by Justine MAGAUD
Social exclusion and injustice are matters that deeply affect me. I believe that the indifference that exists about these phenomena is linked to ignorance and low media coverage, not because of people’s lack of empathy. I am convinced that making society aware of injustices, whatever they may be, is the only solution to fight them. I promised myself several years ago that I would always fight for what I believe is right. Andy Biersack’s quote « stand up for what you believe in, even if that means standing alone » encourages me to continue in this direction.
The link between this issue and the American sitcom « The Big Bang Theory » surely doesn’t seem clear to you. It certainly even seems quite daring to you. I will tell you how this television show of two hundred and seventy-nine episodes, in which the final episode alone had more than 18 million American viewers, helped to uncover two rather little-known problems in society : autism and the exclusion of gifted people. For twelve seasons, the series featured a group of friends who are passionate about science and living in Pasadena, a city located east of Los Angeles, and their friend Penny. Sheldon Cooper, the main character of the show, suffers from autistic disorders such as relational difficulties and the need to respect a rigid routine and organization. While the word « autism » is never mentioned in the series, Sheldon helps to deconstruct many stereotypes about autism, including how to define it. Indeed, autism is regularly associated in the collective unconscious with madness. The main character repeats very regularly, in key moments when he is judged by other characters on his difficulties to interact in society: « I’m not crazy, my mother had me tested ». The screenwriters have created a caring atmosphere around a character who is as confusing as he is endearing, giving, without admitting it, visibility to a relatively unknown trouble (autistic spectrum disorder), even though it affects some 700,000 people in France.
In France, the government has set up aid for autistic people to give them easier access to housing and employment. Concretely, this means the development of shared housing structures for people with disabilities, the aim of which is to enable them to have a degree of independence while receiving medical care, and to put an end to hospitalizations that are unsuitable for their disorders. People with autism are helped to find a job. This results in the creation of supported jobs, i.e. jobs in which disabled workers receive medical and social support. These forms of employment are advantageous for companies because the State compensates companies that employ disabled people, and the employer can contact the disabled worker’s helperin case of difficulties. The helper can set up support or adapt the job if the disability requires it.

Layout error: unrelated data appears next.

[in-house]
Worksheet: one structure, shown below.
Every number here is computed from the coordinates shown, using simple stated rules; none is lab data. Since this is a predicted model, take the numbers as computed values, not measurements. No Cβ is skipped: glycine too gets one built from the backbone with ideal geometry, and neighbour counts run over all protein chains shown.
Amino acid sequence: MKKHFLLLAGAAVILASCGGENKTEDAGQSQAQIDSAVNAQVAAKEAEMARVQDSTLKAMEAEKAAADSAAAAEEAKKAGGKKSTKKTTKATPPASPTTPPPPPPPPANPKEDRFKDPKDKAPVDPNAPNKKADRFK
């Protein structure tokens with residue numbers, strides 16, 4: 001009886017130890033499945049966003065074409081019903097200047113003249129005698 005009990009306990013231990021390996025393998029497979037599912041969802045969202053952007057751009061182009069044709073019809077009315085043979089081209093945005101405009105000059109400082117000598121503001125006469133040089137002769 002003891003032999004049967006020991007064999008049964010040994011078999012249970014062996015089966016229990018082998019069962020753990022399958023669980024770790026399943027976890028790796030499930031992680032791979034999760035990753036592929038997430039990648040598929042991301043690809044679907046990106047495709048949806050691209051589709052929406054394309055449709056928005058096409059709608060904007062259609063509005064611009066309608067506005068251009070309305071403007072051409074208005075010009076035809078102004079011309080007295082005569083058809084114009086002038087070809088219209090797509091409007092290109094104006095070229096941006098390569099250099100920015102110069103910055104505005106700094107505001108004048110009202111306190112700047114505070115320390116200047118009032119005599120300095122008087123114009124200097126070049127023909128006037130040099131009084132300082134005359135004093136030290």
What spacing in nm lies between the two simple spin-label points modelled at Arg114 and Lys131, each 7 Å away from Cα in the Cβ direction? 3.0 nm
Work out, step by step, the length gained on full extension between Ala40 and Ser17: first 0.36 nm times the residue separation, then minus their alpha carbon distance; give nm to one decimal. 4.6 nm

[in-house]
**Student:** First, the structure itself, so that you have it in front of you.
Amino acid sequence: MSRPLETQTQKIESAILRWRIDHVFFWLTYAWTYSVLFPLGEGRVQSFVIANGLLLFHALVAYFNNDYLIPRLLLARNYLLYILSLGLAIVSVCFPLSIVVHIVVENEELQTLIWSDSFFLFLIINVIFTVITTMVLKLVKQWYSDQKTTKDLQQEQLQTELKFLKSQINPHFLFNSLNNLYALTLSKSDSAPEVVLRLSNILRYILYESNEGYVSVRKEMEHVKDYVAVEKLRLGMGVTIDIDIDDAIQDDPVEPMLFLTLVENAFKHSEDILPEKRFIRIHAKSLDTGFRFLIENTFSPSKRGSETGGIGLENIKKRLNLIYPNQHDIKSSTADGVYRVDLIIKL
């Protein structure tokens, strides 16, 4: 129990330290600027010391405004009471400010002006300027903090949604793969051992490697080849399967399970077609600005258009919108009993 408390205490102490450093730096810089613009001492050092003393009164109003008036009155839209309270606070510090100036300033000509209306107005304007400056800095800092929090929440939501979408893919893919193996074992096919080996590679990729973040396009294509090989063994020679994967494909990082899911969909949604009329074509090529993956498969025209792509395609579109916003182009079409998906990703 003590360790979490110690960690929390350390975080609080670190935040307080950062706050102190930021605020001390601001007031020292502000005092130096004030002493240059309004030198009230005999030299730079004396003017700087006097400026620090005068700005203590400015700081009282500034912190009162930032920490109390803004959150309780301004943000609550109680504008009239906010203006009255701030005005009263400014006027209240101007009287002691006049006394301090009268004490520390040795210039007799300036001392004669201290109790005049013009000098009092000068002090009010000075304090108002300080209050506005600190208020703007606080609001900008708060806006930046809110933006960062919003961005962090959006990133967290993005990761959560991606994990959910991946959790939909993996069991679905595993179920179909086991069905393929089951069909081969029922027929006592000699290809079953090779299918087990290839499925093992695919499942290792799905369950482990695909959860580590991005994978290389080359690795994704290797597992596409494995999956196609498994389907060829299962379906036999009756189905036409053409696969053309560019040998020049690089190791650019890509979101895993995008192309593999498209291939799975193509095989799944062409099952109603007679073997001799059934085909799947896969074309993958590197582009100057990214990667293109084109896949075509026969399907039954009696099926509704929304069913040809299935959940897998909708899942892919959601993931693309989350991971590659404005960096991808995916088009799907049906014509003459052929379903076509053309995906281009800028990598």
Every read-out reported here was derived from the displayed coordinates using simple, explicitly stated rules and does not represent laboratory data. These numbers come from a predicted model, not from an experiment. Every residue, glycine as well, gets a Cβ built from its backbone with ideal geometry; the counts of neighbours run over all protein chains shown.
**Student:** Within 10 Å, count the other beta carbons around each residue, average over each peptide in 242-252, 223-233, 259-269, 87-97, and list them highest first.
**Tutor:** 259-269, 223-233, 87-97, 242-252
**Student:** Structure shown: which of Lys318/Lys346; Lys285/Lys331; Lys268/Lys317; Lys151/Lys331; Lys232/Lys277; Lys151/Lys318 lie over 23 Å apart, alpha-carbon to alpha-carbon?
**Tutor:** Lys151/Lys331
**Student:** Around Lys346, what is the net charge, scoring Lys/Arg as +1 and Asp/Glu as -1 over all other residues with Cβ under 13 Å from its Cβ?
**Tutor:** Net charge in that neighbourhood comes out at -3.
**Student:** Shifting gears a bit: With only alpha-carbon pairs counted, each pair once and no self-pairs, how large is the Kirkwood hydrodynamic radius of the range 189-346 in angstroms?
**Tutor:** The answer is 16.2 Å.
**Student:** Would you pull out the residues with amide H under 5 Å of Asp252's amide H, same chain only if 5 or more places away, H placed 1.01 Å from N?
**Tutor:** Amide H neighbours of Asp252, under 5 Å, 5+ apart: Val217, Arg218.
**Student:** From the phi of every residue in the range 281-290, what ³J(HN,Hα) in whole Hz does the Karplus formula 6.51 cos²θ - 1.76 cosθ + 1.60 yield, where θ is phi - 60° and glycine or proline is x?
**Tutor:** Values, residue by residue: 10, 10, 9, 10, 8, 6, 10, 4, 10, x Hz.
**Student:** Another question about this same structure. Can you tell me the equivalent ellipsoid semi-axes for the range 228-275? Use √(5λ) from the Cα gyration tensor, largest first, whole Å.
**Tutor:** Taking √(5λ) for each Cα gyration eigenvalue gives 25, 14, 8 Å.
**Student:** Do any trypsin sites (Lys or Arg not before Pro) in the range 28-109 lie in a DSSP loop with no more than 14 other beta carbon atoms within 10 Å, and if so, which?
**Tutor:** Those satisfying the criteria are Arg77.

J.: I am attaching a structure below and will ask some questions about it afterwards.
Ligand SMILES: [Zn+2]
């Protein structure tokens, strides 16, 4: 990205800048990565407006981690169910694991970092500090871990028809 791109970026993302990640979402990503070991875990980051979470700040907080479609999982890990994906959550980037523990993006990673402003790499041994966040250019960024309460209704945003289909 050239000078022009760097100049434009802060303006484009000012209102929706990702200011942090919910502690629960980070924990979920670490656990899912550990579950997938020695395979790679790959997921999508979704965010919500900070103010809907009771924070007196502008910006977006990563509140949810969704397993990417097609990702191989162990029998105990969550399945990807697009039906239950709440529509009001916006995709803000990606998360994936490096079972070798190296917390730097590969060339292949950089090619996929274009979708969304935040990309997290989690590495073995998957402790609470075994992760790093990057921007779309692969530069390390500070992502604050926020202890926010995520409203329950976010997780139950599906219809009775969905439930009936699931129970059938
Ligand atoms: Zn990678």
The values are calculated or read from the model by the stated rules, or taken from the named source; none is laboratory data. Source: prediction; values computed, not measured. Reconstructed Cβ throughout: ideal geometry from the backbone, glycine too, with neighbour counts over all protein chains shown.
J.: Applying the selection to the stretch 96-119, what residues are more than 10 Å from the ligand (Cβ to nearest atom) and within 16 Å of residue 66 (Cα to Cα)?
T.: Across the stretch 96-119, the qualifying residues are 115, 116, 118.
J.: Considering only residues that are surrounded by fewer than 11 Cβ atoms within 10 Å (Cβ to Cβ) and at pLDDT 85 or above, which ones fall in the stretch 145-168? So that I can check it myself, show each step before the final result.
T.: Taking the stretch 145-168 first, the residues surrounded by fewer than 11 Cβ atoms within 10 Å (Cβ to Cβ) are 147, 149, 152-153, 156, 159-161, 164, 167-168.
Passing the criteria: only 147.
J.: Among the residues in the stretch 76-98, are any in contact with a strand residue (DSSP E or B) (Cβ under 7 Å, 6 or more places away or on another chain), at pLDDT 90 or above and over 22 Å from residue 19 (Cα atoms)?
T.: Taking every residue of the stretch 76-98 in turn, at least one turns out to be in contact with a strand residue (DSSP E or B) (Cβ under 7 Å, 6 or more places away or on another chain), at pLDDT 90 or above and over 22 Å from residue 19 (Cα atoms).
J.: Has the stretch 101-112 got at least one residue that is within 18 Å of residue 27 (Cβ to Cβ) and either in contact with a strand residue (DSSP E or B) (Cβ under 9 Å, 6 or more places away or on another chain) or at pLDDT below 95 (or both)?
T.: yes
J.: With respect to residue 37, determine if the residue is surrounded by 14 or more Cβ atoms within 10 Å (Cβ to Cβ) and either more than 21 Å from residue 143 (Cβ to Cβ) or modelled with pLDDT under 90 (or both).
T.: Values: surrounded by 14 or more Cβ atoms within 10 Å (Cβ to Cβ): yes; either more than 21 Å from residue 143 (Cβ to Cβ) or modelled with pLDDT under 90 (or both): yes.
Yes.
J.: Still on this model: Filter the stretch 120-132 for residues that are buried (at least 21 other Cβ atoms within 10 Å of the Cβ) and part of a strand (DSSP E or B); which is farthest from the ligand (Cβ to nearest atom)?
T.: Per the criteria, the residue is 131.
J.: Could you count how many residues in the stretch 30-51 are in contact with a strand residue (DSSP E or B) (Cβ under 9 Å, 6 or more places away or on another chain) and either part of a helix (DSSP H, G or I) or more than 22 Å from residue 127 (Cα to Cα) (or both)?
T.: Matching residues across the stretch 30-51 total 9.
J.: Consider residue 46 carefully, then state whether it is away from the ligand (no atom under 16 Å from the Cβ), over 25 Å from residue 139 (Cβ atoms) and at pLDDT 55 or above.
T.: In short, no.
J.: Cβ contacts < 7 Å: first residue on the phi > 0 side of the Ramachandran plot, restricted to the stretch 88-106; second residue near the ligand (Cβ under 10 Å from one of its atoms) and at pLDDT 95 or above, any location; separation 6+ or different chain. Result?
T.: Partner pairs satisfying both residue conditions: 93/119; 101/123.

If, apart from Sheldon, the other characters in « The Big Bang Theory » do not have autistic disorder, Leonard, Rajesh, Howard and Amy embody another little-known « difference »: they are gifted adults. This is the case in France of about 1 million people. We tend to associate the word gifted with the simple fact of having a high IQ. This is due to a lack of information on the subject. People with high potential actually suffer from a lack of ability to fitin society because their intellectual functioning is different from that of people without this disorder. These people tend to be hypersensitive, anxious and feel out of step with the rest of society. In the series, the characters often refer to their unpopularity or to the physical and psychological violence that they experienced while being at school. Their fear of rejection still present in adulthood is also shown in the episodes, particularly in terms of their anxiety and fear of abandonment in the context of their relationships.
Thus, even if the sitcom has never been described as such by the film crew and the cast, « The Big Bang Theory » gives visibility to autistic and gifted people, who until this show had few or no characters to identify with on the big or small screen. Unfortunately, we cannot conclude that society’s view of these disorders has been revolutionized, nor can we even assume that viewers have made a statement about these troubles. We can however imagine that this series has been a watershed for people living with these disorders, and that the kindness that surrounds these characters has given them hope for better recognition of their uniqueness. The media coverage of these phenomena is only at its beginning and the fight for a better treatment of these disabilities will certainly last for a long time to come, but the visibility given by the series can only be helpful to the cause.